Work on $190 million city of Albany budget heads into the stretch

Albany Mayor Bo Dorough and Ward VI Commissioner Demetrius Young talk after the conclusion of a Tuesday commission work session.

ALBANY — With the due date to complete a nearly $190 million budget coming on June 22, the Albany City Commission is sprinting toward the finish line.

On June 8, commissioners will hear budget updates pertaining to the police and fire departments, recreation, utility operations and Code Enforcement. The commission will receive a final draft of the document on June 22 for approval for the budget year that begins on July 1.

Earlier this year, a group of firefighters brought concerns to the commission, including existing policies that sometimes result in relatively new employees earning more than veteran members of the department.

“Fire department pay is an issue that will need some discussion,” interim City Manager Steven Carter told commissioners during a Tuesday work session.

Carter, who met with department heads last week, said they have formulated “a plan they think they can live with.”

The commission last year approved a 6 percent pay raise in the current budget that applied to all officers at the rank of major and below. Commissioners will ultimately make the decision on how to address the issue of pay for firefighters.

This year, the primary driving idea on employee pay is a cost-of-living adjustment, Carter said during an interview following the meeting.

One bright spot is that sales tax receipts seem to be recovering after the decline during the height of the COVID-19 pandemic.

“Sales taxes have started to rebound kind of back to before,” Carter said. “The city of Albany is in sound financial condition. We have a strong push forward to continue to be so.”

Albany Mayor Bo Dorough agreed with that assessment.

“I think we’re in pretty good shape considering what we’ve been through the last year,” he said in an interview after the meeting.

During the meeting, several groups asked for consideration for future funding through the city using federal American Rescue Plan funds. That discussion is separate from the $190 general fund budget, which pays the cost of city operations.

Among those seeking funding are SOWEGA Rising, an Albany-based nonprofit organization that has assisted in providing food to individuals and personal protection equipment to small businesses during the pandemic.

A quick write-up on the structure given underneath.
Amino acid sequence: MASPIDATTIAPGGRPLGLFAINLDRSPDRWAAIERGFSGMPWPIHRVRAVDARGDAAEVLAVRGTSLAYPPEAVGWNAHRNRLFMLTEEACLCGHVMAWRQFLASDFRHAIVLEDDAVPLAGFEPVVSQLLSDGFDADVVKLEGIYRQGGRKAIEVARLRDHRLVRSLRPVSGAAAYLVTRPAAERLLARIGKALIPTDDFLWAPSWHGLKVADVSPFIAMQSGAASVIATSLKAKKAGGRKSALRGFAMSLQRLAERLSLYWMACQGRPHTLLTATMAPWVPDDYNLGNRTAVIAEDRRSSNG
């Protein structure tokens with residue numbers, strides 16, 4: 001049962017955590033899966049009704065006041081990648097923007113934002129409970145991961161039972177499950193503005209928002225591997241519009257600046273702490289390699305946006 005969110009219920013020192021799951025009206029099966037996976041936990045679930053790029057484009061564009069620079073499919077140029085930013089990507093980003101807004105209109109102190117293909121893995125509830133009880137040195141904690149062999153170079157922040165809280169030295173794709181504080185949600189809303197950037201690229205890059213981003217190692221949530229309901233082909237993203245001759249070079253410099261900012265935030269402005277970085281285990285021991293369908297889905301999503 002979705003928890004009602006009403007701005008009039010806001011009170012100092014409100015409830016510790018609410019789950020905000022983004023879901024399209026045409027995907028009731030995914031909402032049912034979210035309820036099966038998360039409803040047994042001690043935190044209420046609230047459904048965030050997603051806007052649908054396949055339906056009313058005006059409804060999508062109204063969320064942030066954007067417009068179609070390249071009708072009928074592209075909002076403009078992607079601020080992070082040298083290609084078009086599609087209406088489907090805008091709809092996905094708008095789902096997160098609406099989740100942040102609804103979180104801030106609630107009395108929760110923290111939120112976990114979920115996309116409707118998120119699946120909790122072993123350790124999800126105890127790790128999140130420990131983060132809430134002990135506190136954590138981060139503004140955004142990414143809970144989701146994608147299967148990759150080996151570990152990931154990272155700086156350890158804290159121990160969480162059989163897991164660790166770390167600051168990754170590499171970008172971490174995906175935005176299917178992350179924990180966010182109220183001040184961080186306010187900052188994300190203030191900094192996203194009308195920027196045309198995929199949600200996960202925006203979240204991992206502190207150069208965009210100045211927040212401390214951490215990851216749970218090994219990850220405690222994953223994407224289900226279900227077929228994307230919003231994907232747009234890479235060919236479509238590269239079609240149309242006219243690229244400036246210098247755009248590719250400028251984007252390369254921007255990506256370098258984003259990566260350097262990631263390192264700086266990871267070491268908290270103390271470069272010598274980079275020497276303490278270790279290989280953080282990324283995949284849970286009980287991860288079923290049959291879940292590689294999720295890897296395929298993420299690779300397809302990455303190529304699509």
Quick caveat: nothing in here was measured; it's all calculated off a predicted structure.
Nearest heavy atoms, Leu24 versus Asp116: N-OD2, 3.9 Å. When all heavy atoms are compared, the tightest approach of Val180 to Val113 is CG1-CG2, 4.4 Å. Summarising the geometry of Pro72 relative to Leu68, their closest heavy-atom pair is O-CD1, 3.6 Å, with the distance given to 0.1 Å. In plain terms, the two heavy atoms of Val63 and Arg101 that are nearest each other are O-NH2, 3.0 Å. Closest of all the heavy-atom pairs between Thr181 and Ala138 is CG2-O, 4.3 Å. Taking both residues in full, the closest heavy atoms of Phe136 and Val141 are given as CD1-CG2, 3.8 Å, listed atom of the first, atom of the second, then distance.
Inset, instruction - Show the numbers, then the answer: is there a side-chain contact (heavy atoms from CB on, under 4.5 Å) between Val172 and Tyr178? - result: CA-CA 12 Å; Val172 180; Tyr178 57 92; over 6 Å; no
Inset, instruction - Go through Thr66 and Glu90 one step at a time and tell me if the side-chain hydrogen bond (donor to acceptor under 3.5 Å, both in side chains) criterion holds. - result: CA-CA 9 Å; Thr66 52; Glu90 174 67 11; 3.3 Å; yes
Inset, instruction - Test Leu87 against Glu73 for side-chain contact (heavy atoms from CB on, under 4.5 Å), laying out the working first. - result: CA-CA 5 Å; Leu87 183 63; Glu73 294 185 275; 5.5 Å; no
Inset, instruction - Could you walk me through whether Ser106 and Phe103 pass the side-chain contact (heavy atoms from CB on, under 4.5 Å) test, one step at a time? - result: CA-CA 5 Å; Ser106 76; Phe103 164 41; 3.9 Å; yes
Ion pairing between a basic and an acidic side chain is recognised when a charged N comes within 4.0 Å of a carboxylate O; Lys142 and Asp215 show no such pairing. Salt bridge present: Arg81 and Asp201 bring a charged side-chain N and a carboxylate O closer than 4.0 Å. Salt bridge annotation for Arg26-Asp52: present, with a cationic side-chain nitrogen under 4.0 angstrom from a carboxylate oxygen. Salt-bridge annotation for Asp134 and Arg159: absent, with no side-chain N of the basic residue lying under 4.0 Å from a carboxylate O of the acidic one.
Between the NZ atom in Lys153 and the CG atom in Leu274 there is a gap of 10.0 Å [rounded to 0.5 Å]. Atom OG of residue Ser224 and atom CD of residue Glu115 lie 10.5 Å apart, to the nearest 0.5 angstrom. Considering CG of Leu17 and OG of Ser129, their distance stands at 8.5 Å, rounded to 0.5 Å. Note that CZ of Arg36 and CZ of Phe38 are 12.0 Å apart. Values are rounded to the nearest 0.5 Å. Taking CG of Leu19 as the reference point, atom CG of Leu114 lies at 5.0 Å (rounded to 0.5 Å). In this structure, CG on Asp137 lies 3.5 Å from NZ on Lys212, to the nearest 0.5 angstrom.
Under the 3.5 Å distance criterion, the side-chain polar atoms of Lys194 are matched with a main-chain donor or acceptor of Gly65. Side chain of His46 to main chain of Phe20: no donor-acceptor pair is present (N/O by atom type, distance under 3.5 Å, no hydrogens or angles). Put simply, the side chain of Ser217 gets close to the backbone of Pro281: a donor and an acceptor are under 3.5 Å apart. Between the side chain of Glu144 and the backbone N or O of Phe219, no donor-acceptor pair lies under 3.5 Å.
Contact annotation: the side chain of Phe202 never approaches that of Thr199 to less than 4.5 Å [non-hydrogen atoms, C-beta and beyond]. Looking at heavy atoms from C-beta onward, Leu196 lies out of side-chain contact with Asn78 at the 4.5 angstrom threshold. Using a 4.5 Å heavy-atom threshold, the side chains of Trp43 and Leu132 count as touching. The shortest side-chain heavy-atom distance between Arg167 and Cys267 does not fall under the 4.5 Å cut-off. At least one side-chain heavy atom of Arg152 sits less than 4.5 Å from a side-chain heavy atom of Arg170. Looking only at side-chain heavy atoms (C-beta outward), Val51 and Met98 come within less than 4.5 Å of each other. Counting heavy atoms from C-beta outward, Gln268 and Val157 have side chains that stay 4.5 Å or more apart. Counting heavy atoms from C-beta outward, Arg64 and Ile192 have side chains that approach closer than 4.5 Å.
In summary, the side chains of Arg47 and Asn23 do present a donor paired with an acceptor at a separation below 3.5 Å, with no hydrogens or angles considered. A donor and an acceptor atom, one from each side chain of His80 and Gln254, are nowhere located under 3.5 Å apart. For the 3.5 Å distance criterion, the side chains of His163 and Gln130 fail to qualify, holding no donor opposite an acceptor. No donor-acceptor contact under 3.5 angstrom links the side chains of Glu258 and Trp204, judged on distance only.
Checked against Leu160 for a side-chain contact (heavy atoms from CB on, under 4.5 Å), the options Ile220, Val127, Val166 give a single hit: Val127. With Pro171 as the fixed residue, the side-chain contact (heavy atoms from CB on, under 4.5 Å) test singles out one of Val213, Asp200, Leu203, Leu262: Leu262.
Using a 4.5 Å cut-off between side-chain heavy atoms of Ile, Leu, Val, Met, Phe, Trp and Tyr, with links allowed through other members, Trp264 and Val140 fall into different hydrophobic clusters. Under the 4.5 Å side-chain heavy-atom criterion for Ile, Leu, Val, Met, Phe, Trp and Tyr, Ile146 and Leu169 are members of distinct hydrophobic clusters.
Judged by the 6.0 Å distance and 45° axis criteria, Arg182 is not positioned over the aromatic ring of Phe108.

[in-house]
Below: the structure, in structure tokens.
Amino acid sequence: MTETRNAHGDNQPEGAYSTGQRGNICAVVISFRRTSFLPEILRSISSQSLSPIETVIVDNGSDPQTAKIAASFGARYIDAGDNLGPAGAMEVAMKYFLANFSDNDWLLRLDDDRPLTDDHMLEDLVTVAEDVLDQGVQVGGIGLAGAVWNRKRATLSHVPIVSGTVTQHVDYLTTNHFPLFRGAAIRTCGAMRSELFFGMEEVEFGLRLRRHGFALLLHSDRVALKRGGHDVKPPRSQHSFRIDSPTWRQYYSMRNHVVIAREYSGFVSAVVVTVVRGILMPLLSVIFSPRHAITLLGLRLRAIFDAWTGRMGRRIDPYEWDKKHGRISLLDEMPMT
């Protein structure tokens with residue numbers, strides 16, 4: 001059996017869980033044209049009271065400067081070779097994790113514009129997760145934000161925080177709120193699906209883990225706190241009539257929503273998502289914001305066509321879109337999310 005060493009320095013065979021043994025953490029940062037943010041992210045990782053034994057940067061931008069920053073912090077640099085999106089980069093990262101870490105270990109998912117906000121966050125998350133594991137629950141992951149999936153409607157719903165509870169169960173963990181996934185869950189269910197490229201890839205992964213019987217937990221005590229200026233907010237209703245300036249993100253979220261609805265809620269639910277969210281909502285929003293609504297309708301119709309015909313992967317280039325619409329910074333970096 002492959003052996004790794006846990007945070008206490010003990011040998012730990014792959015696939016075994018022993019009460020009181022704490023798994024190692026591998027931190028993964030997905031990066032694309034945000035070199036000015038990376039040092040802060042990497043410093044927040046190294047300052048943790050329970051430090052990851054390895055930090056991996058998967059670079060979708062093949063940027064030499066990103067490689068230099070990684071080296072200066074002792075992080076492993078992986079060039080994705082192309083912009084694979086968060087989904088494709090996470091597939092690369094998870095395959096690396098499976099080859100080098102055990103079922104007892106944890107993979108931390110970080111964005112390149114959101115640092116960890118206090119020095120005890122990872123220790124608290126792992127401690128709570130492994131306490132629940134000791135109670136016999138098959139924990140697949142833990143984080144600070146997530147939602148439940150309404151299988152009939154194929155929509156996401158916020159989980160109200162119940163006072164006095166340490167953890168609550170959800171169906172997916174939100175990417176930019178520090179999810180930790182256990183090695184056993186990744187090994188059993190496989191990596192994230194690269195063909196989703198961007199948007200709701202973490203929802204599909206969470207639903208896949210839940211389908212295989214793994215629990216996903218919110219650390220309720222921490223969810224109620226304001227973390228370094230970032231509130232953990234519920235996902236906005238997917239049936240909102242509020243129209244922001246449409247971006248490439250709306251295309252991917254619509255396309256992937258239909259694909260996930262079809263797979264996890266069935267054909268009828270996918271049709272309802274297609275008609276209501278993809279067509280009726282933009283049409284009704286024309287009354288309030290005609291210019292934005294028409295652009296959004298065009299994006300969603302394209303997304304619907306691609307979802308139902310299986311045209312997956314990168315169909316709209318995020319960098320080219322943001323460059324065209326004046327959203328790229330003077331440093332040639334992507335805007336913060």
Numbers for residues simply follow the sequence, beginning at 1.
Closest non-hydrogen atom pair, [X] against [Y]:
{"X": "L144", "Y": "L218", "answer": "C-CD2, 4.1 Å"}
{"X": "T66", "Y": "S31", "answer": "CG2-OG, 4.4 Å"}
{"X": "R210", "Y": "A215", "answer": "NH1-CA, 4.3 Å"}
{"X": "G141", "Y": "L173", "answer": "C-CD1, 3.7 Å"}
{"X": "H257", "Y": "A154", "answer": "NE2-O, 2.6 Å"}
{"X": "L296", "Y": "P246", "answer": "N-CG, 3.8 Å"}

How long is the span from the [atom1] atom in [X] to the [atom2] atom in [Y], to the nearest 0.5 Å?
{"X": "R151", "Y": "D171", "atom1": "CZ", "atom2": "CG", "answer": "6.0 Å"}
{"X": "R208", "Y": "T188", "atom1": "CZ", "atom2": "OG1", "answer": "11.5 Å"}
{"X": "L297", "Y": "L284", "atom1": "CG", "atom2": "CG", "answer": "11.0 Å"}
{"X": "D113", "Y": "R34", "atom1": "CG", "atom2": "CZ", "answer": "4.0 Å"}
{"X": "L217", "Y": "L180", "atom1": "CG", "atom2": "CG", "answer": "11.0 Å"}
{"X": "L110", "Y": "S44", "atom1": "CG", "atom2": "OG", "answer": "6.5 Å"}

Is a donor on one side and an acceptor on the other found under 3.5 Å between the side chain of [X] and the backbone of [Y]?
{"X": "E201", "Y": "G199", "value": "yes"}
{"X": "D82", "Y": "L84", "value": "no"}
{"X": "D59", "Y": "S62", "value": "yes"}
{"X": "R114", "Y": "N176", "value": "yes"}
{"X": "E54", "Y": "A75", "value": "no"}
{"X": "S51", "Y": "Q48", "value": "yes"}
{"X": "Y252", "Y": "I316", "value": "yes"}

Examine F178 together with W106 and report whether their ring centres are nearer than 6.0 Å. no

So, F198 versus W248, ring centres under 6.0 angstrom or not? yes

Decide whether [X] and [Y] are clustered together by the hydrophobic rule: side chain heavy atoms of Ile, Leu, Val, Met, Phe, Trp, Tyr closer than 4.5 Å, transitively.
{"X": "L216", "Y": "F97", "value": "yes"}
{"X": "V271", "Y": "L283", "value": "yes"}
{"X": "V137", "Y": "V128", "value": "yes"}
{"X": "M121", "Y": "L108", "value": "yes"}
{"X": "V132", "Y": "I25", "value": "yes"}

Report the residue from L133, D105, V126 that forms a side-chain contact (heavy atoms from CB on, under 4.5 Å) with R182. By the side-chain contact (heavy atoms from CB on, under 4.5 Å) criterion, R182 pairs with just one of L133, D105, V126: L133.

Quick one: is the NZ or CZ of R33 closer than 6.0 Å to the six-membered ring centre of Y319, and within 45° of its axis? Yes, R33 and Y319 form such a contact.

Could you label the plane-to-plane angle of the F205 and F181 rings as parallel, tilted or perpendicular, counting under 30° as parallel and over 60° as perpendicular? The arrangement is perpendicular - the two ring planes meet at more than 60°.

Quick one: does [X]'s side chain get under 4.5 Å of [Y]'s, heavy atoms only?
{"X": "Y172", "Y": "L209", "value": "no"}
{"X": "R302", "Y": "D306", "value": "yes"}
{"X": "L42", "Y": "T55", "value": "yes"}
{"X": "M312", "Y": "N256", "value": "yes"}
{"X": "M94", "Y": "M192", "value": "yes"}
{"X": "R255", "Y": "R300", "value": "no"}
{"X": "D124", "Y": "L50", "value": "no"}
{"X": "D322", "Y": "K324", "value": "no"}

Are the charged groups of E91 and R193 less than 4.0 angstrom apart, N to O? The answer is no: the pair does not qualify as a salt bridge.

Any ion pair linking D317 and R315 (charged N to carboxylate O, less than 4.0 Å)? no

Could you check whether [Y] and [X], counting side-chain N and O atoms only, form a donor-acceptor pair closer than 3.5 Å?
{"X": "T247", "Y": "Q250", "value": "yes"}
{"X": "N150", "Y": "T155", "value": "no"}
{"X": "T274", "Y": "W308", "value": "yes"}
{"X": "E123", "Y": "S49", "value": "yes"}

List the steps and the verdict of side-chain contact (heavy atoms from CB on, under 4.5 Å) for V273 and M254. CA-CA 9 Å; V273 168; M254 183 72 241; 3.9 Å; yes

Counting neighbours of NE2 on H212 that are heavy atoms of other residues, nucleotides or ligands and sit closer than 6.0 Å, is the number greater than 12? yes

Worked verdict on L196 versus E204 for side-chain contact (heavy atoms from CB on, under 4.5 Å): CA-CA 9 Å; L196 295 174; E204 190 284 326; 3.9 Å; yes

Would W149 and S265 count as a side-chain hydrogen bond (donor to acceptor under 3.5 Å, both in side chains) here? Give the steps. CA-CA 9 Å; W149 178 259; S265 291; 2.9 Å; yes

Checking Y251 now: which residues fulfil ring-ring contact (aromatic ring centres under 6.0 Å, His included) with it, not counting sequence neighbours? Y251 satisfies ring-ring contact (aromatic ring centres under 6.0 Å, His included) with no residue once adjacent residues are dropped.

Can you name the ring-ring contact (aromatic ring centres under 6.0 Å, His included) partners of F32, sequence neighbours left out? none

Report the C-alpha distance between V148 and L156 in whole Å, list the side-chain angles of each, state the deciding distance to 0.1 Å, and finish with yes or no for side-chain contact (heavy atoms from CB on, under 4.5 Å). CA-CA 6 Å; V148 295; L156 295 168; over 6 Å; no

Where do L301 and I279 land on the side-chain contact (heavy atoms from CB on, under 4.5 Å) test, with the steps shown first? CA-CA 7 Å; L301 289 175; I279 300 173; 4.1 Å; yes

Sherell Byrd, SOWEGA Rising chair, said the group is requesting $1 million in funding for food improvements and rural health and an equal amount for economic revitalization for small businesses impacted by the pandemic. COVID-19 hit black residents and black-owned businesses particularly hard, Byrd told commissioners.

“Forty percent of black businesses did not survive,” she said. “COVID-19 also affected our physical health.”

Nationwide, black people accounted for 34 percent of deaths from the disease, while they are only 12 percent of the population.

“There is language in the American Recovery Act that the money should go to organizations that can really (boost) COVID recovery,” she said.

The city learned earlier this year that it will receive about $20 million from the federal grant as part of the program.

The consensus of the commission at the time was to use those funds to help pay the costs of its antiquated sewer/stormwater drain system. The city has a five-year deadline to come into compliance with federal guidelines, and that project has an estimated $100 million cost.

To pay for the repairs, the commission had been contemplating a steep hike in utility rates and devoting sales tax proceeds to the sewer/stormwater separation system.

While the need to update the sewer system is great, Commissioner Demetrius Young has on several occasions requested using some of the funds to help the community recover from the pandemic. He said some of it should be used to address health disparities and to help small businesses.

“I look at this money as no different than the money that came after the flood, that came after the hurricane, that came after the storms,” he said. “We experienced nothing short of a disaster here in Albany. I think it’s imperative to look at this money for disaster recovery.”

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